This is all slowly changing though. In the past decade Noord has become somewhat desirable, as the usual gentrification subjects — students, hipsters, artists, upcoming yuppies — discovered that it had some of the last low priced but attractive neighbourhoods left in the city, while the municipal authories have been doing their best to get the socalled creative classes and industries to settle in what were once places of heavy industry. In all this they’ve been helped by the coming of the north-south metro line, which will make Noord that much more accessible from the city centre. In the neighbourhoods around the line there has been an influx of first time house buyers; in my own neighbourhood I’ve seen the older working class retirees, as well as the first and second generation Moroccan families slowly disappear to be replaced by a lot of young Surinam-Dutch families as well as *shudder* hipsters.
I quite like living here, in not quite Amsterdam, but still only ten-fifteen minutes by bike from the centre. Somewhat poorer perhaps than some of the other parts of town, fewer amenities — no neighbourhood pub! — but a good neighbourhood to live in and slowly getting better.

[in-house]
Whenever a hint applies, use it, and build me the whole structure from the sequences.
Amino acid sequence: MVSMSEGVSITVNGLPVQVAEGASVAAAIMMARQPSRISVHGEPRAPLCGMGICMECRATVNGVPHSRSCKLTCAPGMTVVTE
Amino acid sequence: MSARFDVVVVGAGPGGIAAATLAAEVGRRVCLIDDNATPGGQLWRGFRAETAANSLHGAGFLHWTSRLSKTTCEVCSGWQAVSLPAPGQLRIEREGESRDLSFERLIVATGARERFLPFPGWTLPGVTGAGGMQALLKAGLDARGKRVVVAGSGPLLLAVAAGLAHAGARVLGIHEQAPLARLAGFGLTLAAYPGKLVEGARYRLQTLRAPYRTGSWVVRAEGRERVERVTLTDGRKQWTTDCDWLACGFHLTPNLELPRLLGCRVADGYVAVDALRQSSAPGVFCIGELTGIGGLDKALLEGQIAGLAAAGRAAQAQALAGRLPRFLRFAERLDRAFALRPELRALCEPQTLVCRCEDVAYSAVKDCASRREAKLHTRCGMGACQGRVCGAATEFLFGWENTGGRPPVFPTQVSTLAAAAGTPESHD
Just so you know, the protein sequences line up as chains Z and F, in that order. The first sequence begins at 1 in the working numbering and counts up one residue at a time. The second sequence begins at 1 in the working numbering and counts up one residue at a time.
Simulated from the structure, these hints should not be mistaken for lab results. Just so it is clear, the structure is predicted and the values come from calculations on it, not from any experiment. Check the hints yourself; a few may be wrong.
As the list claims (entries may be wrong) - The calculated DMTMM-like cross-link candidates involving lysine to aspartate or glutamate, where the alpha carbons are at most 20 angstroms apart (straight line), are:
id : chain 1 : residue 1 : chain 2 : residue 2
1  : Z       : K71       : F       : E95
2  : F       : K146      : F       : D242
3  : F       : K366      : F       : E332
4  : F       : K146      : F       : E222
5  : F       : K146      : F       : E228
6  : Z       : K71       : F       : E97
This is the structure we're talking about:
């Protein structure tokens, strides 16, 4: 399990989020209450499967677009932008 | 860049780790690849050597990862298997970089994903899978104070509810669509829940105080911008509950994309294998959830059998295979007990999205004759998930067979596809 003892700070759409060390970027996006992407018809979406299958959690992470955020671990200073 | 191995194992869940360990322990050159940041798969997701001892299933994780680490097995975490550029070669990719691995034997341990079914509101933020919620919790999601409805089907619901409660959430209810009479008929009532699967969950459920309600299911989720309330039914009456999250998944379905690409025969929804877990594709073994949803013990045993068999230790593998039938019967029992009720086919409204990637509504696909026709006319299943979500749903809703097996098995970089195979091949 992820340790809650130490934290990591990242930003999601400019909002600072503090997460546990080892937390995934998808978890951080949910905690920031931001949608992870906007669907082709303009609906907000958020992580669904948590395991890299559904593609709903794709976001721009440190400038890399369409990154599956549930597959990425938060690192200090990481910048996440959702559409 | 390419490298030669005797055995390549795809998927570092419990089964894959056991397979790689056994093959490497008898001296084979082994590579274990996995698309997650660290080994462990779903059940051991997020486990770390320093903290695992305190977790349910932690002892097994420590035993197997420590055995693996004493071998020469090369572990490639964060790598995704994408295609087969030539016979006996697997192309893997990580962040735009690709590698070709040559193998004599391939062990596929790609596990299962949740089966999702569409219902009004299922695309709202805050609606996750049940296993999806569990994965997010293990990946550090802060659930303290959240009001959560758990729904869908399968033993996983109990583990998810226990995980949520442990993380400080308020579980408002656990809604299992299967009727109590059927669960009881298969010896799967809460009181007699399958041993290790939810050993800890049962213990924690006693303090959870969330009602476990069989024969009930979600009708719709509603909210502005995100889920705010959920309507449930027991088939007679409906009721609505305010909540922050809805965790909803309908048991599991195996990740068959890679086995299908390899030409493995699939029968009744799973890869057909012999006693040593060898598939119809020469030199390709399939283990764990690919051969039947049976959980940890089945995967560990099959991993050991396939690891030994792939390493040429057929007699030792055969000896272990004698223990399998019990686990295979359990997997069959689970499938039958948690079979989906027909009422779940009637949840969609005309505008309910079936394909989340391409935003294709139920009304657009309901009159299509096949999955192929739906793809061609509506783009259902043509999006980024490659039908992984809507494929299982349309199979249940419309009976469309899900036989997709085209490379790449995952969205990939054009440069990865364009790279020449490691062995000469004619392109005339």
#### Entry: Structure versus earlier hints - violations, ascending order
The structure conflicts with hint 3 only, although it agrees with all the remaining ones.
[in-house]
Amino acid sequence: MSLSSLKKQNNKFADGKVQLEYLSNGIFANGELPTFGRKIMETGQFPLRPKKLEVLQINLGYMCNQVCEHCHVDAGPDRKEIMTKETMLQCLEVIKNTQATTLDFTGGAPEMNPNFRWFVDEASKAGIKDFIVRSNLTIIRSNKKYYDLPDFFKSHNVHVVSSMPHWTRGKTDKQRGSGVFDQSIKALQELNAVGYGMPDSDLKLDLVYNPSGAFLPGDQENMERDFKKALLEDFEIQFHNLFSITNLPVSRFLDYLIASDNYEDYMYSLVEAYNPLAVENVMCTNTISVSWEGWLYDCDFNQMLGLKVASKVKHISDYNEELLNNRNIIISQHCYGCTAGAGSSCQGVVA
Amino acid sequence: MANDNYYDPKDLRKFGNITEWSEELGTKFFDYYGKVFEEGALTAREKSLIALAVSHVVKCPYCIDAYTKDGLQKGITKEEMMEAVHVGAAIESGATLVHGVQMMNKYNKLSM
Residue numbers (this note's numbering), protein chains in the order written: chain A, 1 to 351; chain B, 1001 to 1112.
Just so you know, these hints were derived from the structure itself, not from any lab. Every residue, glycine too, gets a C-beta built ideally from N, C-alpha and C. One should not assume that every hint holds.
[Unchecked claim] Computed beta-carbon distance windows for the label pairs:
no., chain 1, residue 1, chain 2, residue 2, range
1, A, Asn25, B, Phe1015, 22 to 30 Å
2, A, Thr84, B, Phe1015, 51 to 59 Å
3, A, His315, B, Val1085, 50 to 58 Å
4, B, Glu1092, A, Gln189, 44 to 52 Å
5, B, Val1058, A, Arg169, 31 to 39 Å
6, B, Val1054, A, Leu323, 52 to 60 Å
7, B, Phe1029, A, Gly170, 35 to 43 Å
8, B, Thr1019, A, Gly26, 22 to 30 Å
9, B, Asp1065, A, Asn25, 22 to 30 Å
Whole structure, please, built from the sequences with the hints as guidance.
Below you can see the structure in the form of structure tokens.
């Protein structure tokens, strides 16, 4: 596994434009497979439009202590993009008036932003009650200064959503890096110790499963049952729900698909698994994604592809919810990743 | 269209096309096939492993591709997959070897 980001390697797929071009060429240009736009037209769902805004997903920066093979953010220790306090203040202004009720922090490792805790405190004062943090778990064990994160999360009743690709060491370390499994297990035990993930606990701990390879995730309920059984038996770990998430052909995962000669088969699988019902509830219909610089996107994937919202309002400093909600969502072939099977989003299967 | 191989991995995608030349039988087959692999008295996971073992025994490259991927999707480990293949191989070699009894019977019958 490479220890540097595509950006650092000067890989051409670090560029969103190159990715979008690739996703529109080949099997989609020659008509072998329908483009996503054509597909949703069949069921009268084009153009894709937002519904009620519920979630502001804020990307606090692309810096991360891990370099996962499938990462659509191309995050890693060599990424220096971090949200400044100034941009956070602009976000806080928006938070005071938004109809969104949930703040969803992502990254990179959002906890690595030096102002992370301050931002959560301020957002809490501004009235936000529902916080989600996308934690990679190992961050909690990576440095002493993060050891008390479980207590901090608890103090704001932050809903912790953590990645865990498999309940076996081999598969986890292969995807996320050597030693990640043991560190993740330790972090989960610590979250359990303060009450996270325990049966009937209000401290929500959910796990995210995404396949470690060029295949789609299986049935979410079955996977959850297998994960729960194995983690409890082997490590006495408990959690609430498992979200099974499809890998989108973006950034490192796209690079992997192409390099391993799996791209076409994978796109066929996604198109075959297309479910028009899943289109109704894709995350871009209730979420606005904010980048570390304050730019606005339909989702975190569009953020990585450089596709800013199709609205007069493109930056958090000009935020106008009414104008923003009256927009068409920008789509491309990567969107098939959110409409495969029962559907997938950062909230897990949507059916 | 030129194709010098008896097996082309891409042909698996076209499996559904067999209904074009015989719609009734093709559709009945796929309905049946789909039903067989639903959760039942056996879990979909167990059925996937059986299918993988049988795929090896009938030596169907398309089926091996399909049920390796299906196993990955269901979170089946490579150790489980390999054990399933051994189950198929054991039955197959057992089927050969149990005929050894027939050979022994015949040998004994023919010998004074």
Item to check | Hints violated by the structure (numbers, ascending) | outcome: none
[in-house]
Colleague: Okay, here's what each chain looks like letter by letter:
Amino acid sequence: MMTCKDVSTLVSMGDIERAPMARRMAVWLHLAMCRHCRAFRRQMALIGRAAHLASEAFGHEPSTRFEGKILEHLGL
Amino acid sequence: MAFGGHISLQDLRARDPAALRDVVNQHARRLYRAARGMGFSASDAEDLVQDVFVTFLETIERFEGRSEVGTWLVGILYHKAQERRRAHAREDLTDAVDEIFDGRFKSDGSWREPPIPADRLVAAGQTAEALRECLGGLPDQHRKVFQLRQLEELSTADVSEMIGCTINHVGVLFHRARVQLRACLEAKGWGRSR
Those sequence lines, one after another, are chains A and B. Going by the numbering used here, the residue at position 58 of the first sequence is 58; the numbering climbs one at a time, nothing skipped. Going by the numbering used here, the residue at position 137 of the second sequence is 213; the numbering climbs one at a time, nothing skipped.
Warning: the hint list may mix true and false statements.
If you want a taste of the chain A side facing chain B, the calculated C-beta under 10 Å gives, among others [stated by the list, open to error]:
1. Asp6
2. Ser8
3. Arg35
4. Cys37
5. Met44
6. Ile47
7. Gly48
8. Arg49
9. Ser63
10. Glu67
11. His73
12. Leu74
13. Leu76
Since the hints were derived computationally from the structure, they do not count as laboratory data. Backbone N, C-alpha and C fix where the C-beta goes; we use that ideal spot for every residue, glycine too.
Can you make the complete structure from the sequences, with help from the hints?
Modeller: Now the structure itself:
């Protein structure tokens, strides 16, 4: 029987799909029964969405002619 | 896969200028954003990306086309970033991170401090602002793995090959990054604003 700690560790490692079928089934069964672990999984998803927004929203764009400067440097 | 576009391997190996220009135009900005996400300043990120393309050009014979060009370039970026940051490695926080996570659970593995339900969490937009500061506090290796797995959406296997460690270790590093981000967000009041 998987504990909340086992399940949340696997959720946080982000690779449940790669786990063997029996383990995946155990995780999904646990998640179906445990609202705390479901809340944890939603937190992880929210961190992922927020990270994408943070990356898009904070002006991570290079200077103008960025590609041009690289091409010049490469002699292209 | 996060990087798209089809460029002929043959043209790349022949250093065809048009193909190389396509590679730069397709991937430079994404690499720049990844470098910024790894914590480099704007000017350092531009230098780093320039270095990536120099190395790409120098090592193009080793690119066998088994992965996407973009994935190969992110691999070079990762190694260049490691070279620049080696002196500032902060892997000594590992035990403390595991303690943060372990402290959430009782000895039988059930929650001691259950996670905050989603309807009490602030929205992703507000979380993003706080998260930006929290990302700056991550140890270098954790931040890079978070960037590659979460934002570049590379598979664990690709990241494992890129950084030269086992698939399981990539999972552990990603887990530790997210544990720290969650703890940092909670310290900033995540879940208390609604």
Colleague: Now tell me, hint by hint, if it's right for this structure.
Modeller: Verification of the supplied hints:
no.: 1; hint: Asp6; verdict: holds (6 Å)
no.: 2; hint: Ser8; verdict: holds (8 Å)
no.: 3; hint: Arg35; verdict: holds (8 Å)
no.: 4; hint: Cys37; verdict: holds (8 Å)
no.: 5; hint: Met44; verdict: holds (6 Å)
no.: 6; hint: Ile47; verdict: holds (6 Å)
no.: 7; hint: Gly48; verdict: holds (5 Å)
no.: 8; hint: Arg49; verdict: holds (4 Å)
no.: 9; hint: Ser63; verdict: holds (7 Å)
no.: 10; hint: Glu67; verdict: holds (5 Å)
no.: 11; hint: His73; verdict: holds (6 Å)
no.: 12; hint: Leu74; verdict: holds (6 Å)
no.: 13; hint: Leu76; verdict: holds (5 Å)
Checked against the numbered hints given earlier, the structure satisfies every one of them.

Edith-Made-it (aka Edith Kuyvenhoven) is a Dutch cartoonist working and living in Amsterdam Noord, the huge neighbourhood north of the IJ that isn’t quite part of Amsterdam proper still. (It’s also where I live). She graduated as a graphic designer from the Rietveld Academy and has been doing the usual cartoonist things: freelance for various magazines, getting her first album of autobiographical comics out, selling the usual shirts and merchandise, organising a comics drawing competition for school children in Noord, for the second year in a row even…
The setup is simple: all school children in the last two classes of primary school or high school in Noord can participate, the best three in each category (primary school / high school) get a small prize (from 40 to 80 euros worth of comics) and there will be an exhibition of all the nominees. At the same time Edith also provides workshops at schools or libraries during the competition. It’s the sort of cheap, grassroots art activity that comics are ideally suited for because, well, you don’t really need expensive equipment to make comics, all children love drawing and comics and it’s cheap enough to do that you can do it out of your own pocket; no subsidies required.
It’s a great initiative and I hope Edith is as succesfull with it this year as she seemed to have been last year. I only wish I’d known about it then.
To the Scheepvaartmuseum with my dad. That’s the Amsterdam, there, a replica of a seventeenth century merchantship that’s moored at the museum. Brilliant, but it was very hot.